Committee says thanks
On behalf of the 2012 Cooperstown Cotillion Committee, we would like to extend a sincere thanks to the Glimmerglass Festival for its continued support of our program.
On Thursday, Aug. 2, 46 Cooperstown Central School students attended an excellent performance of Meredith Wilson’s “The Music Man” at the opera house. For many years, the Glimmerglass Festival has hosted our students for a night of dancing in the Thaw Pavilion followed by a performance. This opportunity exposes our youth to the exciting world of opera and illuminates the cultural experiences in the Cooperstown area. We thank you for a wonderful evening.
Monica Brane and Bennett Sandler
2012 Cotillion Committee Opera Chairs
Writer urges precaution
Regarding the news report of Aug. 2 in which the DOT asserts that spraying Route 80 along the western shore of Otsego Lake is an “acceptable risk,” many of us, alarmed by widespread use of herbicides and pesticides, laud the strong, well-focused efforts by both Mayor Katz and Win McIntyre of the Otsego Lake Watershed.
In our efforts to combat plant and animal intrusions into our lives, we use chemicals that often have not been reliably tested. If no ingredient is known to immediately kill people, it is accepted and used extensively as if there is no tomorrow.
We have been using Roundup and Accord in our village and along Route 80 beside our lake. The primary ingredient of these herbicides is glyphosate. Just Google glyphosate and read beyond the positive initial information. If you keep reading, you fill find disturbing information about glyphosate, such as a recent German university report on the high levels of glyphosate in the urine of subjects exposed to it. While glyphosate is acknowledged to interfere with reproduction of creatures we do not consider important, there is some acknowledgement that its longterm effects on people is not known.
What is puzzling to me is our refusal to act in a precautionary manner. Our village attorney Martin Tillapaugh points out that the underlying principle in the question of herbicide use is that users must demonstrate that harm has been done for its use to be challenged. While it is all too true that we operate on this principle in this country, should we be doing so? It is a parallel to “caveat emptor” – that is, the buyer and user must beware and take the consequences of any product purchased. We have not moved, in our corporate-controlled capitalism, from this ancient market ethic when it comes to pesticides and herbicides. Some countries value people as much as profit margins of corporations and have engendered the market ethic of “caveat venditor” — that is, the seller must beware — and be liable for their products.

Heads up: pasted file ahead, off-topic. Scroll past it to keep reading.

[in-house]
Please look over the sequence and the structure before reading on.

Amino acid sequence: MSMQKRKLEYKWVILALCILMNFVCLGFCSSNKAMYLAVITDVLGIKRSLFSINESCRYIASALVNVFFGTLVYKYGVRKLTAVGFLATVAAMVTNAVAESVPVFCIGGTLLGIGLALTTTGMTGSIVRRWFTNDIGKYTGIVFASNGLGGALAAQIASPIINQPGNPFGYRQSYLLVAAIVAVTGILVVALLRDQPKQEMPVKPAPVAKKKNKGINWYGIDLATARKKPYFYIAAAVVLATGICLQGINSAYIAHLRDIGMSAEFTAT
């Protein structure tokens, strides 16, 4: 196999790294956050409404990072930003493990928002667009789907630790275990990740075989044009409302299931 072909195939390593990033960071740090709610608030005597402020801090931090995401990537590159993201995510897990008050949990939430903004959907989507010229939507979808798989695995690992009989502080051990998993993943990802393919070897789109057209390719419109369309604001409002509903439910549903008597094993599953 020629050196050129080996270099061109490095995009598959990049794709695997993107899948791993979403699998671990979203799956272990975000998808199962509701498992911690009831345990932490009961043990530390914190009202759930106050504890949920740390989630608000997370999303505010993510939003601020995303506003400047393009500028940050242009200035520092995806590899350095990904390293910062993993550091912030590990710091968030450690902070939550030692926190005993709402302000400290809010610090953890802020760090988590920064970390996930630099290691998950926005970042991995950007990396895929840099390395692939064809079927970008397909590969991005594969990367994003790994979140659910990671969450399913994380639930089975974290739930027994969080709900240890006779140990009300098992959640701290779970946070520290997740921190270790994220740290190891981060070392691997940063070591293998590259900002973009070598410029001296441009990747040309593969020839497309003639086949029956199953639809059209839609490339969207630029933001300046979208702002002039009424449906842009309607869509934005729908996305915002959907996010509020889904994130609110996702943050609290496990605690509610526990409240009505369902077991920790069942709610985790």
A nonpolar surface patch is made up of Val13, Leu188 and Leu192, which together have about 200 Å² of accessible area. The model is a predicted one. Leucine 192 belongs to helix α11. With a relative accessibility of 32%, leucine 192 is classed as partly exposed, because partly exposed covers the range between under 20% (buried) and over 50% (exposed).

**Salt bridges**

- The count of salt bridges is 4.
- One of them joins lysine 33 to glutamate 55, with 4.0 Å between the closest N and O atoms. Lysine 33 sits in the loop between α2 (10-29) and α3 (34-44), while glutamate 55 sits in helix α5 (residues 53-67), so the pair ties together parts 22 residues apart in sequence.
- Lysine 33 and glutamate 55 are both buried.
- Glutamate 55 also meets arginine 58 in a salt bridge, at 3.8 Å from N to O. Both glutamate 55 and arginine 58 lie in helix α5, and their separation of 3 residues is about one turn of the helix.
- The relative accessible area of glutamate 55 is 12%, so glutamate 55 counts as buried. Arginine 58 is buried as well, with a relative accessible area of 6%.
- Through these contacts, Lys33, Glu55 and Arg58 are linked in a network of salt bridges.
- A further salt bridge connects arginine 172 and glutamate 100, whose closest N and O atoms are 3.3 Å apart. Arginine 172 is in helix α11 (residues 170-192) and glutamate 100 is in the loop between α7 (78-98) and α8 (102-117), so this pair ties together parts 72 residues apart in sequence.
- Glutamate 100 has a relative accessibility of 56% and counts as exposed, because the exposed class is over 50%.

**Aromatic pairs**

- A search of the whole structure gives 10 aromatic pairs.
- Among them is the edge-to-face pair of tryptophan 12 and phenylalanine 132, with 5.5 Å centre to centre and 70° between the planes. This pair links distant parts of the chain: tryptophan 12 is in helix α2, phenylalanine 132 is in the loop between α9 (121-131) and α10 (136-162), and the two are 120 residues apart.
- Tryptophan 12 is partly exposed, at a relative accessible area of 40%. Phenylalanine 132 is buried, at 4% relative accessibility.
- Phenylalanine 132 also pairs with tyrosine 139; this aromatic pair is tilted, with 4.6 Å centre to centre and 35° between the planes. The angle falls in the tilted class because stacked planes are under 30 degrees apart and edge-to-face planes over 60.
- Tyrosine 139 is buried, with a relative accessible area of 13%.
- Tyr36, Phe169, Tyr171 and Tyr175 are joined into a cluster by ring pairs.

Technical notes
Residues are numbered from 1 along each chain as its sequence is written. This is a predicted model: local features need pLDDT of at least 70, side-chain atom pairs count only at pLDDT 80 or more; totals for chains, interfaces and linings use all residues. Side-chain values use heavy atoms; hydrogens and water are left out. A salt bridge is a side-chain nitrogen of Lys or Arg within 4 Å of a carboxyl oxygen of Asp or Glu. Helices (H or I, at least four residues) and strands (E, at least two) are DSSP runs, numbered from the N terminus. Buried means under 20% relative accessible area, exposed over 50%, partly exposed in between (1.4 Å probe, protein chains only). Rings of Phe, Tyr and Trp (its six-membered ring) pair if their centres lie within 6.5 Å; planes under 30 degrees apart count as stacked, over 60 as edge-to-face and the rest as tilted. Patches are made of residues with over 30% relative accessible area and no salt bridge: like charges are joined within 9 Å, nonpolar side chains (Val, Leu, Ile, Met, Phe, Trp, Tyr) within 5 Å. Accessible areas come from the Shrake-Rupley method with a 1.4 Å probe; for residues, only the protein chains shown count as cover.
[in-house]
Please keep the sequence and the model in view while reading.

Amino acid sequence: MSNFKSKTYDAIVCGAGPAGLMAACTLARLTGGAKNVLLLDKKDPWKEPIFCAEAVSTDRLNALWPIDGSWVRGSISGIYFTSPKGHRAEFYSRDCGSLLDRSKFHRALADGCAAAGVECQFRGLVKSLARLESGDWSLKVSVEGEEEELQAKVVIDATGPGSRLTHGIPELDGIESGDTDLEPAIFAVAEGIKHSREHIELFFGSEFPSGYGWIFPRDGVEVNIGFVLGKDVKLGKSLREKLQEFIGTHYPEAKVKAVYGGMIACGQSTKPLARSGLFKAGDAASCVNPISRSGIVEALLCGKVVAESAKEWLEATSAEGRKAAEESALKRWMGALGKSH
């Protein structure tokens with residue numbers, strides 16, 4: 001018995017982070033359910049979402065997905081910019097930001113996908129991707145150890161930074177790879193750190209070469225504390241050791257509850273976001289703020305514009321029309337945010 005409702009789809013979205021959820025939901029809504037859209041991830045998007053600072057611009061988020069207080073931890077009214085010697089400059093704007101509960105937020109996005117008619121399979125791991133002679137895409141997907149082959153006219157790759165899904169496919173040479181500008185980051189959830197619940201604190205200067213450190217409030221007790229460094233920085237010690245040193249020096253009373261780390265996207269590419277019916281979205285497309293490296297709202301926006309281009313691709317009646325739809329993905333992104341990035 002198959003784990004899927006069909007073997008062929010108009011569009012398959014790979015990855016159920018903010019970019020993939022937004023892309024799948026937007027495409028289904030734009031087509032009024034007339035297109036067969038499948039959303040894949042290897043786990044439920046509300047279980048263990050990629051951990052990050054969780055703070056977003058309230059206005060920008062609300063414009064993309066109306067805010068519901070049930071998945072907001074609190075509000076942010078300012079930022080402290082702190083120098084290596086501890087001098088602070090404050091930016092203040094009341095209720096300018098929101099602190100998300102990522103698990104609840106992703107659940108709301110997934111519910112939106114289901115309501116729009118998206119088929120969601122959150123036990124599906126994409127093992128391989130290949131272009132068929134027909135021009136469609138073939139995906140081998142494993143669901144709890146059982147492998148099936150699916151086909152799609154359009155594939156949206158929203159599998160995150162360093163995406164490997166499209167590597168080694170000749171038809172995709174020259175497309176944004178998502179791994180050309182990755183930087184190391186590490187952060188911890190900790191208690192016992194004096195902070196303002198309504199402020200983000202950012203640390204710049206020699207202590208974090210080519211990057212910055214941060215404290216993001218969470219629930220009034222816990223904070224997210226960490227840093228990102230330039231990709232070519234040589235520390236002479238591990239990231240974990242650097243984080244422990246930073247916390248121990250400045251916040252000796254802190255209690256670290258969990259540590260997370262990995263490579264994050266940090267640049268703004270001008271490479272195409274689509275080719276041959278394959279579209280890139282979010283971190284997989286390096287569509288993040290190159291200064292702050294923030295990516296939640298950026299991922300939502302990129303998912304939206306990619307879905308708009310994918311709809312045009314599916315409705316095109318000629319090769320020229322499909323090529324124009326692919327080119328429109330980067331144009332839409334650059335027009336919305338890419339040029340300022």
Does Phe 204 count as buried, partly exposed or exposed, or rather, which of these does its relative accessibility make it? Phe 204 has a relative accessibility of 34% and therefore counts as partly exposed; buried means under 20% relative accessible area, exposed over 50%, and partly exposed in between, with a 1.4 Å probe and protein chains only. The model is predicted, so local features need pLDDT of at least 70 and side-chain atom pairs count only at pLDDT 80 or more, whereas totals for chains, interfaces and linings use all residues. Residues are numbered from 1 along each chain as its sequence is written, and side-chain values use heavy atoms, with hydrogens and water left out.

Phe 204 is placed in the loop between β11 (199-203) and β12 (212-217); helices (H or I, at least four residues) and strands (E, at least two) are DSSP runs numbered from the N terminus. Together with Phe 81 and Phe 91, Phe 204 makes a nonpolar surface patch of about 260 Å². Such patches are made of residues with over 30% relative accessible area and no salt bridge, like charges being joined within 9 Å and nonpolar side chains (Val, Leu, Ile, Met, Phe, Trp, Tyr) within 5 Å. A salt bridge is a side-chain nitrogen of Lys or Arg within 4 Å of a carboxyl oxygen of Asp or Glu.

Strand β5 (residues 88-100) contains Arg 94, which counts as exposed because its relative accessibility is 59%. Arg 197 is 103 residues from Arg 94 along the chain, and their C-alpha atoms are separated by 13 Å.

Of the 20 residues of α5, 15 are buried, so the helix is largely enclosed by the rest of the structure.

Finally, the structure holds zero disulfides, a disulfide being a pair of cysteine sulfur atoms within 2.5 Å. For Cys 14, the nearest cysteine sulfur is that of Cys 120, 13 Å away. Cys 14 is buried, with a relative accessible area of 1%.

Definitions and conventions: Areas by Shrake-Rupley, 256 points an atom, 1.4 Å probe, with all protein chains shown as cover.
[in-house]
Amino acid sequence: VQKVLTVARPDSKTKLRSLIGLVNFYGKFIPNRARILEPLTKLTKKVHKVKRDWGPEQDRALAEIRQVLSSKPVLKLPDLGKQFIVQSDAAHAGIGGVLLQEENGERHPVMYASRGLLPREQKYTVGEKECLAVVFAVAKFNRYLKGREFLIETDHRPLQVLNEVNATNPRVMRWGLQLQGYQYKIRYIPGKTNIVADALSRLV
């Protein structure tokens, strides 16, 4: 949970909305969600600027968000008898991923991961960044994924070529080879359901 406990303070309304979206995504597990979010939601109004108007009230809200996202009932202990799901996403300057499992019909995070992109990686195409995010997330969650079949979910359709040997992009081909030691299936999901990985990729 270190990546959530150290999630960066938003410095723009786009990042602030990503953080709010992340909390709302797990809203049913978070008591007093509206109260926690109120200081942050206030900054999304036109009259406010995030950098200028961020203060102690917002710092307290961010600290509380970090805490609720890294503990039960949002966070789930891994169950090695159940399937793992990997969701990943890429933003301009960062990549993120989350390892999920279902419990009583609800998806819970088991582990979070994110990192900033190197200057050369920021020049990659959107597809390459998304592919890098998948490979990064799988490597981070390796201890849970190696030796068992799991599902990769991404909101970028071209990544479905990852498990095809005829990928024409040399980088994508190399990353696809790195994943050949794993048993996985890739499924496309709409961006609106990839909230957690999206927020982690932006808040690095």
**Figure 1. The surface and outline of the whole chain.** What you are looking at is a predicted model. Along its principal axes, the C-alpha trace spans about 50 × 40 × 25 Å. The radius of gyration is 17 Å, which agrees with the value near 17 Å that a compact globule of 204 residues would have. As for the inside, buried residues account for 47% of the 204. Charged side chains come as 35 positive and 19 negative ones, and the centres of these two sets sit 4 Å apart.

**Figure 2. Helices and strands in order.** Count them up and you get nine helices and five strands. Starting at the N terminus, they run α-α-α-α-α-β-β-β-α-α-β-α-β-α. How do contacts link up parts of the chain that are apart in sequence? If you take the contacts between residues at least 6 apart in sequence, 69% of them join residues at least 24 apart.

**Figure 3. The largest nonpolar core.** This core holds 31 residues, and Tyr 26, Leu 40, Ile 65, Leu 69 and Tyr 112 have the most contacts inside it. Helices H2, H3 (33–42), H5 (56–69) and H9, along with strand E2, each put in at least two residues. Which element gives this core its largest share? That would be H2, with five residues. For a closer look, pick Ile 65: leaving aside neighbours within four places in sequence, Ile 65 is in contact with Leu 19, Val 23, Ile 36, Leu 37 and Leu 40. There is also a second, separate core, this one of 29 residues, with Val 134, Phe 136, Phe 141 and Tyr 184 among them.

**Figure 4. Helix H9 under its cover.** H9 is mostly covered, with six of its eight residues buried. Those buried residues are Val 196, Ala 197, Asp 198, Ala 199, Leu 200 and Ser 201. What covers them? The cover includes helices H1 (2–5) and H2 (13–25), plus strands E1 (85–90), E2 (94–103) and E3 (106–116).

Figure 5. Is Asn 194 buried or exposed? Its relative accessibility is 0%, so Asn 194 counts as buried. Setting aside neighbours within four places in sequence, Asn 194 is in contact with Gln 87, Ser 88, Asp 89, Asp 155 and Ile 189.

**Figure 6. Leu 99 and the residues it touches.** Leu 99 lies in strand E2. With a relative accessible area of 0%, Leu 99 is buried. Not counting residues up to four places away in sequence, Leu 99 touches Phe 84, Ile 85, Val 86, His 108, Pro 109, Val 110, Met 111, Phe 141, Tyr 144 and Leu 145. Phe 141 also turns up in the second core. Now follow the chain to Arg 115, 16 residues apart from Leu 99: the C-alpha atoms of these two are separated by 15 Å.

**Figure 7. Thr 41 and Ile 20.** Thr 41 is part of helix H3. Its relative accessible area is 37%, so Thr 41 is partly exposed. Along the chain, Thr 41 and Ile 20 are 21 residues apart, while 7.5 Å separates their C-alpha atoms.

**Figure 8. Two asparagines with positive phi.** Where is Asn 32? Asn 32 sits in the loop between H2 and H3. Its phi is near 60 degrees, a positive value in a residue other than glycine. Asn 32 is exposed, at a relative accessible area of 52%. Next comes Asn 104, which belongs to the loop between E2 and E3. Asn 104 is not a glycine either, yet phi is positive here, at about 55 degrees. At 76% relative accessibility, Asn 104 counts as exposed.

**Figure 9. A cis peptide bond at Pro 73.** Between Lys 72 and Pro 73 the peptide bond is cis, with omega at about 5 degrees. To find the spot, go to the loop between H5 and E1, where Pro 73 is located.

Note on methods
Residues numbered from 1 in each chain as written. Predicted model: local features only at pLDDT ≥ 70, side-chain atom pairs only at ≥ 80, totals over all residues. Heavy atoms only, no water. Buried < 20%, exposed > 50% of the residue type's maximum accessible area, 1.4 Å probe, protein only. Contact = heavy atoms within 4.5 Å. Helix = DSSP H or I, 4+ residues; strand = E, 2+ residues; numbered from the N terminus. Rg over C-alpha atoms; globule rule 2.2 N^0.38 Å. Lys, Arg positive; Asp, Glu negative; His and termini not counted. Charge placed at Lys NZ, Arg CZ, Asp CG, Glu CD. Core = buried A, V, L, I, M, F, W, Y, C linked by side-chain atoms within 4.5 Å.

I would like to point out that the country north of us, Canada, has adopted the precautionary principle when issues of pesticide and herbicide use are confronted. Their doing so alarmed the chemical industries in the U.S. so much that they successfully lobbied state legislators throughout the U.S. to pass laws that gave the state primary control of pesticide and herbicide use. This prohibited cities, towns and villages from enacting broad-scale bans within their corporate entities. However, those laws do not prohibit the recent ban enacted by our own village to prohibit the use of certain pesticides on the properties it owns and maintains. We hope that this act of adopting the precautionary principle by our village government will be a model for all village residents to do the same.
A demonstration of the precautionary principle can be seen in the film, “A Chemical Reaction,” about a small Canadian town that opted to ban herbicide and pesticide use within the entire town and was defended in doing so by the Supreme Courts of the Province of Quebec and of Canada on the basis of this principle. I shall gladly loan my copies of that film to anyone to see how one small Canadian town began the movement to protect the people and the environment against questionable chemicals and in so doing provoked out of the Canadian legal system this enlightened principle. Can we learn from our neighbors?